Welcome to another VSHN.timer! Every Monday, 5 links related to Kubernetes, OpenShift, CI / CD, and DevOps; all stuff coming out of our own chat system, making us think, laugh, or simply work better.
In this edition we are going to showcase several solutions for developers to deploy Kubernetes clusters locally. Turns out there are a lot of them!
There are a lot of reasons why developers would want to run their cluster in their laptops: reducing latency and speeding up the development cycles are crucial factors for cloud-native apps. But it can also be useful for demos, training sessions and for quickly testing new ideas! The usual choices, mentioned here for the sake of completeness, are of course the venerable minikube (an integral part of the Kubernetes project) and Minishift (an open source Red Hat project). The thing is, minikube can be quite slow sometimes, and it requires an underlying virtual machine to run (usually VirtualBox as a cross-platform solution, or KVM for Linux hosts). Is there a better option to run a cluster locally?
1. The first one in the list is kind, also known as “Kubernetes in Docker”. Written in Go, available for Windows, macOS, and various Linux flavors and architectures. It is lightweight, extremely simple to install (just download the executable and run) and even easier to use (
kind create cluster, export your
KUBECONFIG variable and you are good to go). This tool has lots of potential; it is comprehensive, simple, and much faster than other options. Remember though, that the current version at the time of this writing is 0.5.1, and that many features (for example
LoadBalancers) are not ready yet.
2. Another promising tool is Microk8s. It is an official Ubuntu project written in Python and shell script, steadily growing in popularity and contributions, but without any official release at the time of this writing. It even comes bundled with its own
kubectl command, automatically configured to talk to your Microk8s cluster! And not only that; it also bundles Istio, Knative, Grafana, Kubeflow, Prometheus and many other tools out of the box. Being an Ubuntu project, it is based on Multipass and distributed as a Snapcraft package – of course! We have found, however, that the installation process is a bit cumbersome for macOS users (as it requires to manually provision a VM with Multipass before installing Microk8s). Other than that, it is reliable, simple and fast.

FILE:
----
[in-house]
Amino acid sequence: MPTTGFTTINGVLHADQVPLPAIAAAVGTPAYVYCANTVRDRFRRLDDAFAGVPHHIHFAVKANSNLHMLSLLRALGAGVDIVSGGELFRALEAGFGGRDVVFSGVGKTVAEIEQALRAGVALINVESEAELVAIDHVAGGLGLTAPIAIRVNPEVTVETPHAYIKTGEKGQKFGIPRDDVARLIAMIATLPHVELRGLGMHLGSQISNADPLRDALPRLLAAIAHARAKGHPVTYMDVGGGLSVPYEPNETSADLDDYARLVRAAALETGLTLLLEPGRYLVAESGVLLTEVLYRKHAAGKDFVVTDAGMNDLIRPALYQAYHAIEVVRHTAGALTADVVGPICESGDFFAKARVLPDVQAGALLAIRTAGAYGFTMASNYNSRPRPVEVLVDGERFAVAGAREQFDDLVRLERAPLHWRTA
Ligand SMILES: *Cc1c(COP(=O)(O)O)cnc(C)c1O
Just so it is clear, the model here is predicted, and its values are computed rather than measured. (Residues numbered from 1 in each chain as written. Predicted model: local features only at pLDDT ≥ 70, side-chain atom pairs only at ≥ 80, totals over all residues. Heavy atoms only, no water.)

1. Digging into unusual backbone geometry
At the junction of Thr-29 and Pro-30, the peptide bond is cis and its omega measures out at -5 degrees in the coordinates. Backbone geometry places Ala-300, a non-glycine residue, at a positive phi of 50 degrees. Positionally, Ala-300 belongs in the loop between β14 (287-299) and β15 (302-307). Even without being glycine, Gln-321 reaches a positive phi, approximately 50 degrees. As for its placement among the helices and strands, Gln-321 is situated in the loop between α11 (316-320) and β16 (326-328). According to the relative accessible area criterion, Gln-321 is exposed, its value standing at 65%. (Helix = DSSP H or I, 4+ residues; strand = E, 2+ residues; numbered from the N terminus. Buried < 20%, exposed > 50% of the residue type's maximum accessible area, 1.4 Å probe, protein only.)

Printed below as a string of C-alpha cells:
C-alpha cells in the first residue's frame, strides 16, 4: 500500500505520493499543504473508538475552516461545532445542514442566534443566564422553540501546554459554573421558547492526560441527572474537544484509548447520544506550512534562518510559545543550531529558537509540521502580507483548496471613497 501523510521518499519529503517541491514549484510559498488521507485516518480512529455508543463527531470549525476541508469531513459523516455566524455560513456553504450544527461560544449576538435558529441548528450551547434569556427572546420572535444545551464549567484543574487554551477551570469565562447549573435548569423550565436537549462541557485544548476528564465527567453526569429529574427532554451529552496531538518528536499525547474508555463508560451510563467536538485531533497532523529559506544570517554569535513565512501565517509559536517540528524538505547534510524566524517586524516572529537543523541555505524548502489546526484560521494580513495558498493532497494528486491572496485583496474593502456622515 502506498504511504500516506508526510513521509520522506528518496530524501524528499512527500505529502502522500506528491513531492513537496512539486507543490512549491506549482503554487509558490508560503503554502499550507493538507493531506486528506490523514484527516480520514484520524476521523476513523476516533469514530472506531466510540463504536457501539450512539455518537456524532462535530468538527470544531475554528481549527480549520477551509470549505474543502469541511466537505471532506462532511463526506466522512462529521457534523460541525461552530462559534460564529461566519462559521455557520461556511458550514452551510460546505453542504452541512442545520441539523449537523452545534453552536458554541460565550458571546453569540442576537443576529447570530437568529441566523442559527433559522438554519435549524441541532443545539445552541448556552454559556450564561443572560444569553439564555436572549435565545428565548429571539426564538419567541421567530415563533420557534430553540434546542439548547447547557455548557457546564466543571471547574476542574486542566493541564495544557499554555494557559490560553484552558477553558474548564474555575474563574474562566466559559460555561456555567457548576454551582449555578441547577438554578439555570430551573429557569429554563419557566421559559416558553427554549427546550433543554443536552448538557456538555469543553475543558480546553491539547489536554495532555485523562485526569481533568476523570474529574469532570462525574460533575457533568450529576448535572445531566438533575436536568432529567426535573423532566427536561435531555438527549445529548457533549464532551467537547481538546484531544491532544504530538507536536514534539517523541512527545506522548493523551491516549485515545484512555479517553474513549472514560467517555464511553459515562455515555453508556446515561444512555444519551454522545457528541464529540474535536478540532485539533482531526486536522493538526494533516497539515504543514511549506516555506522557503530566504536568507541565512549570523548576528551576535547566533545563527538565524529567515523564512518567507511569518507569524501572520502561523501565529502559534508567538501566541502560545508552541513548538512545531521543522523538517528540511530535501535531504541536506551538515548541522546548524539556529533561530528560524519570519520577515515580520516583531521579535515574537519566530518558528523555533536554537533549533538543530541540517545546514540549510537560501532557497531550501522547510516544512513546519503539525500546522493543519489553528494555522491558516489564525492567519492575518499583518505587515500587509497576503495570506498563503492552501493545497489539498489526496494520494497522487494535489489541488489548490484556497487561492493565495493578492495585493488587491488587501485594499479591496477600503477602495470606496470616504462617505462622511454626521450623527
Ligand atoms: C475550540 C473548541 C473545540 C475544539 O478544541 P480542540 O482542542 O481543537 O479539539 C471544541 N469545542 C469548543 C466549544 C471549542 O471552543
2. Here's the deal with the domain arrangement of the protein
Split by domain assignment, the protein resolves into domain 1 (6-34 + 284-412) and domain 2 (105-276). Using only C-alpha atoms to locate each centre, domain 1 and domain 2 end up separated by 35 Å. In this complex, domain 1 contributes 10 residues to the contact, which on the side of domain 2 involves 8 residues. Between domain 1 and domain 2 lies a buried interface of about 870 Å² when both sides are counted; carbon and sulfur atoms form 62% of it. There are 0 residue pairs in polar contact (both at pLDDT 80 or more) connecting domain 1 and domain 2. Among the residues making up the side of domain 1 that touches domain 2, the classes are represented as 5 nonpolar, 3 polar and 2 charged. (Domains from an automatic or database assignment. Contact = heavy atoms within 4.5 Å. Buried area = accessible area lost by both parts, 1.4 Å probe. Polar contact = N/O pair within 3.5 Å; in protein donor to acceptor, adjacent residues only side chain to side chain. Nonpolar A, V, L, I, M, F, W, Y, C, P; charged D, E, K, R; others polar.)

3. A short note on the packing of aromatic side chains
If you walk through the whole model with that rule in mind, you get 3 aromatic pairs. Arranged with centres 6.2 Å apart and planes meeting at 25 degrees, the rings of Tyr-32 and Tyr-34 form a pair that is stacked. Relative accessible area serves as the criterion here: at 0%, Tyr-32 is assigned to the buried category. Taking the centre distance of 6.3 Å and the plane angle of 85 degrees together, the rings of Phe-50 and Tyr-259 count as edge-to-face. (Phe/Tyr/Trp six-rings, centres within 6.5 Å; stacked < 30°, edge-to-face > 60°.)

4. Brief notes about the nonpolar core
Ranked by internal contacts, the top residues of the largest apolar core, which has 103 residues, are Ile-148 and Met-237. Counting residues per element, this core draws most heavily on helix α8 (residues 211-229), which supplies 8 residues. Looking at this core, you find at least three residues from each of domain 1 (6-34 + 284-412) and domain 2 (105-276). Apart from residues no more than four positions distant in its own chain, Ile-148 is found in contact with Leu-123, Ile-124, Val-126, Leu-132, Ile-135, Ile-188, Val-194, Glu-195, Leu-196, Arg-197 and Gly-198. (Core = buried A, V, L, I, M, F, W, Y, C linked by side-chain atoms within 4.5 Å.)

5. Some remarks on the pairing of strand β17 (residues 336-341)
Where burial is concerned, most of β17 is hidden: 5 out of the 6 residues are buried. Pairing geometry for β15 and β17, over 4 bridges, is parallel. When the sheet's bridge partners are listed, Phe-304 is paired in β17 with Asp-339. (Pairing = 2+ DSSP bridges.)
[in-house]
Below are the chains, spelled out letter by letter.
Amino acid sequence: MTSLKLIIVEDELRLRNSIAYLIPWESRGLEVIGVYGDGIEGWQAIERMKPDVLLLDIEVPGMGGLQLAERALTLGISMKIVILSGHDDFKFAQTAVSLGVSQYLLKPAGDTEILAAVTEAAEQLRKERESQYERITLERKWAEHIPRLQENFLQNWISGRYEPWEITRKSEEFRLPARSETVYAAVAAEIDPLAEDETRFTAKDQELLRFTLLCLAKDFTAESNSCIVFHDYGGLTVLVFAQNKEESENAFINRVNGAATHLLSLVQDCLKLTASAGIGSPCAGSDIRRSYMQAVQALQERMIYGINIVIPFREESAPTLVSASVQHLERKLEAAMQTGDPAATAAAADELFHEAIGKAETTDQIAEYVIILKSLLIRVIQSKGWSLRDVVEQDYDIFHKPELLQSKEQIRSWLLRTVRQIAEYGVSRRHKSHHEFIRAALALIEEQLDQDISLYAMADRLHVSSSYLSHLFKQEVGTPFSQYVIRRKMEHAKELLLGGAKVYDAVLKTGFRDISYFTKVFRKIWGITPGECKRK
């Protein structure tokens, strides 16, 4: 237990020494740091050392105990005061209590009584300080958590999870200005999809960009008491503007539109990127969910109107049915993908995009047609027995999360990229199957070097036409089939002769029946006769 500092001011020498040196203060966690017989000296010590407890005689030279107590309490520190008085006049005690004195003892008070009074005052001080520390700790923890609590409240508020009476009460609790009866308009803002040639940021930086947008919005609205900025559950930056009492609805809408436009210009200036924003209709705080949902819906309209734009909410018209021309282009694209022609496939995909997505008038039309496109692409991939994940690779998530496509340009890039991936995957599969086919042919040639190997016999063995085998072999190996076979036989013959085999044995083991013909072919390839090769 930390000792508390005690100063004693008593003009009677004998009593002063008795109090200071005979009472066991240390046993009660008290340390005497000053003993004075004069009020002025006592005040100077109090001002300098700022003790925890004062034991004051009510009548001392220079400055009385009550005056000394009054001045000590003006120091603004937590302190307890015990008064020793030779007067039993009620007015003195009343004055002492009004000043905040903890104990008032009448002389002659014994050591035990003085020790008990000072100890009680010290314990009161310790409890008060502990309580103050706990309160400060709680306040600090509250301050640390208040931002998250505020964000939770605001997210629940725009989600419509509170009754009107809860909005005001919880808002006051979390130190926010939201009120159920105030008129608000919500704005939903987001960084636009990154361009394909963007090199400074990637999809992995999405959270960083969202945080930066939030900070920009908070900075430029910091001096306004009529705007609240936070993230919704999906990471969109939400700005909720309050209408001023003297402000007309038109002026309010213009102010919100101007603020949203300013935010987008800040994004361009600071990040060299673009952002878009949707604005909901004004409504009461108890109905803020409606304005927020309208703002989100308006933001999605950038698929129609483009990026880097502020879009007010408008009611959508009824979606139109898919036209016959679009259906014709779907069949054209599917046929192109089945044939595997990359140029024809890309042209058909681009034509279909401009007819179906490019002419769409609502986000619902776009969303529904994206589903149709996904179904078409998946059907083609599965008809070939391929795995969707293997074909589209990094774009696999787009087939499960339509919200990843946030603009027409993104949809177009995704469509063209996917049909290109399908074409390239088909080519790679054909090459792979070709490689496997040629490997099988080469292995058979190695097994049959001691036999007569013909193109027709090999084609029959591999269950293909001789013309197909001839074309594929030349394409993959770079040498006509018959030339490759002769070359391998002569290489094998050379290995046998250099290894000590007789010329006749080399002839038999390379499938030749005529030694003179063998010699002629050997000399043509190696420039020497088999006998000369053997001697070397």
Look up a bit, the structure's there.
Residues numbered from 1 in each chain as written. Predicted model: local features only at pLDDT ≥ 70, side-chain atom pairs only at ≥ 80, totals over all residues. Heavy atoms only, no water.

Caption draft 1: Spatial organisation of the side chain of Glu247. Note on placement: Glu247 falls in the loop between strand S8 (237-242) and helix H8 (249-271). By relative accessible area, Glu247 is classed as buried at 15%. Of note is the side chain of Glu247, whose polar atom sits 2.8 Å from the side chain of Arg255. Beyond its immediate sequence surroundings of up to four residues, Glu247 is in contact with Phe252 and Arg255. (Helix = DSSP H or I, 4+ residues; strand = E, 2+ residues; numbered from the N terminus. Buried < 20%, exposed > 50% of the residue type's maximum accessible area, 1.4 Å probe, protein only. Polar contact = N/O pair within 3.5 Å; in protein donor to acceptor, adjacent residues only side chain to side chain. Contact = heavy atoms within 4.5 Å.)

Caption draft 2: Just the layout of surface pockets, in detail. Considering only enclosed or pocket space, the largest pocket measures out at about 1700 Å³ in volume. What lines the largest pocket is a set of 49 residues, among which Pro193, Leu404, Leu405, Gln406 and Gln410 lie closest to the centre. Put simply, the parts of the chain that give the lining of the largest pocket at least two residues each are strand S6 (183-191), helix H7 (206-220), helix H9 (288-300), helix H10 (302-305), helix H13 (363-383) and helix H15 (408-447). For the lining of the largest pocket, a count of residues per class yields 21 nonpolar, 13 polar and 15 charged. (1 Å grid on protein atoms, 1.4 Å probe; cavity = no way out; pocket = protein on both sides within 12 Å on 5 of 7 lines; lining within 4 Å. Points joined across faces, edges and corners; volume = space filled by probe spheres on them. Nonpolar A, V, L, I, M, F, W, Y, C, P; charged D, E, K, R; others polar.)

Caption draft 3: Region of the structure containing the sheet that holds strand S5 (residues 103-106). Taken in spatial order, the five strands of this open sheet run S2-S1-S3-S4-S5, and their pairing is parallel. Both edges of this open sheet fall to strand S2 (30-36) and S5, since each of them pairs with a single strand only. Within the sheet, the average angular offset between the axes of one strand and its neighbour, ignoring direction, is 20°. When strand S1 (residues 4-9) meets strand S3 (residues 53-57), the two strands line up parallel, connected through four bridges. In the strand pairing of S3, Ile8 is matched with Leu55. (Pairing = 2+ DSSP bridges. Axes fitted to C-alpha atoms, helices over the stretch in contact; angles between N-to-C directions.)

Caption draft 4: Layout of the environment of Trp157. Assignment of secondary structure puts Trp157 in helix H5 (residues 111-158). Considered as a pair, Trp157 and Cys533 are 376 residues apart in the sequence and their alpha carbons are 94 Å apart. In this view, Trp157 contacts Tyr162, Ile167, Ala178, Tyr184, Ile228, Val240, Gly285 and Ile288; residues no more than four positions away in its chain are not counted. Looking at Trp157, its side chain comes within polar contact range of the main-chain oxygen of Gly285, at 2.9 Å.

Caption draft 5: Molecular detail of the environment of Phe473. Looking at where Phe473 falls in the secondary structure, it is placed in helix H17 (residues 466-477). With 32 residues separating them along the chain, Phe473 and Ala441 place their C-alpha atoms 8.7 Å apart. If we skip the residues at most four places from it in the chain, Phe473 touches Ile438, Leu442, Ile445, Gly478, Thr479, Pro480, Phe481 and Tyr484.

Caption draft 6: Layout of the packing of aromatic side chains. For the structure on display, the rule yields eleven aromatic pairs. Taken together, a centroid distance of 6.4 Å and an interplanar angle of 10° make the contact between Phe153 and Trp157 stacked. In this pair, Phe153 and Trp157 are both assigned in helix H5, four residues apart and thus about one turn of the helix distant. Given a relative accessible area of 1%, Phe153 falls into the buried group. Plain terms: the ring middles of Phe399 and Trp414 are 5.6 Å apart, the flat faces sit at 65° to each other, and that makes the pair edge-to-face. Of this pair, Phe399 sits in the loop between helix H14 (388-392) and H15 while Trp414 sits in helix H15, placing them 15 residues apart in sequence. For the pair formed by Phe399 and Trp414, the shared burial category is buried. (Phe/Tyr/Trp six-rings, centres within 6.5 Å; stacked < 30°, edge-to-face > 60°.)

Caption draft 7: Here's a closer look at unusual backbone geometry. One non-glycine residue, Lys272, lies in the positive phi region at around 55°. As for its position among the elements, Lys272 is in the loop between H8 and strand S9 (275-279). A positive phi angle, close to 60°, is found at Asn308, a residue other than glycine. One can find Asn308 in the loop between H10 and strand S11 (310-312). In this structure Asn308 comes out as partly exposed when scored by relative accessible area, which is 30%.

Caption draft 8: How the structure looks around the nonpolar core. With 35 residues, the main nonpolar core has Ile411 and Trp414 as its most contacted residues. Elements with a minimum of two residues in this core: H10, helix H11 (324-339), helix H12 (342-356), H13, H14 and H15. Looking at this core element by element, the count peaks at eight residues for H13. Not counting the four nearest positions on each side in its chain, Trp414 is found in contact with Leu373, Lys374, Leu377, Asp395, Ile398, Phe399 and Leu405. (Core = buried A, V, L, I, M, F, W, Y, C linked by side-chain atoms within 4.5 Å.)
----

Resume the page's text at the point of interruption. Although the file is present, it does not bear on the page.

3. Nobody wants to miss on this market. That is why Rancher Labs has brought us k3s – an ultra-lightweight distribution of Kubernetes, targeting local development and IoT applications. And to make it even easier to use, they also created k3d, which runs k3s in Docker! Both k3s and k3d are written in Go. A simple
k3d create will bring a new cluster to life, and after exporting the required
KUBECONFIG variable, it is ready to be used with
kubectl just like any other cluster. It looks really promising and it is available as version 1.3.1 at the time of this writing. However, in our experience it requires a bit more work to setup a complex cluster, since for example it doesn’t have a default storage class, and as such it can not provide any PVCs automatically.
4. Since the release of Red Hat’s OpenShift 4 in May the industry has been waiting for a solution to deploy OpenShift 4 clusters locally, since Minishift is designed to work only with OpenShift 3. Well, Minishift has other issues as well; for example, the version of the Docker daemon bundled with it is 1.12, which means that multi-stage builds are not available. But the successor of Minishift arrived recently: it is called Red Hat CodeReady Containers and it is already available in version 1.0 beta at the time of this writing. Written in Go and available for Windows, macOS and Linux, it is the simplest way to run a complete OpenShift 4 cluster in your local laptop, batteries included.
5. Any other options? Of course! This field is incredibly dynamic, and new projects are popping up all the time; to mention a few: Docker Desktop with its “one checkbox” integrated K8s for Windows and Mac; Banzai Cloud’s Pipeline Kubernetes Engine; Windmill Engineering’s Tilt; Kubermatic’s Container Engine; and NetApp’s Kubernetes Service… all working hard so that developing on Kubernetes does not suck!
Do you use similar tools to run Kubernetes clusters locally? Are you satisfied with them? Do you have any best practices you would like to share with the community? Get in touch with us through the form at the bottom of this page, and see you next week for another edition of VSHN.timer.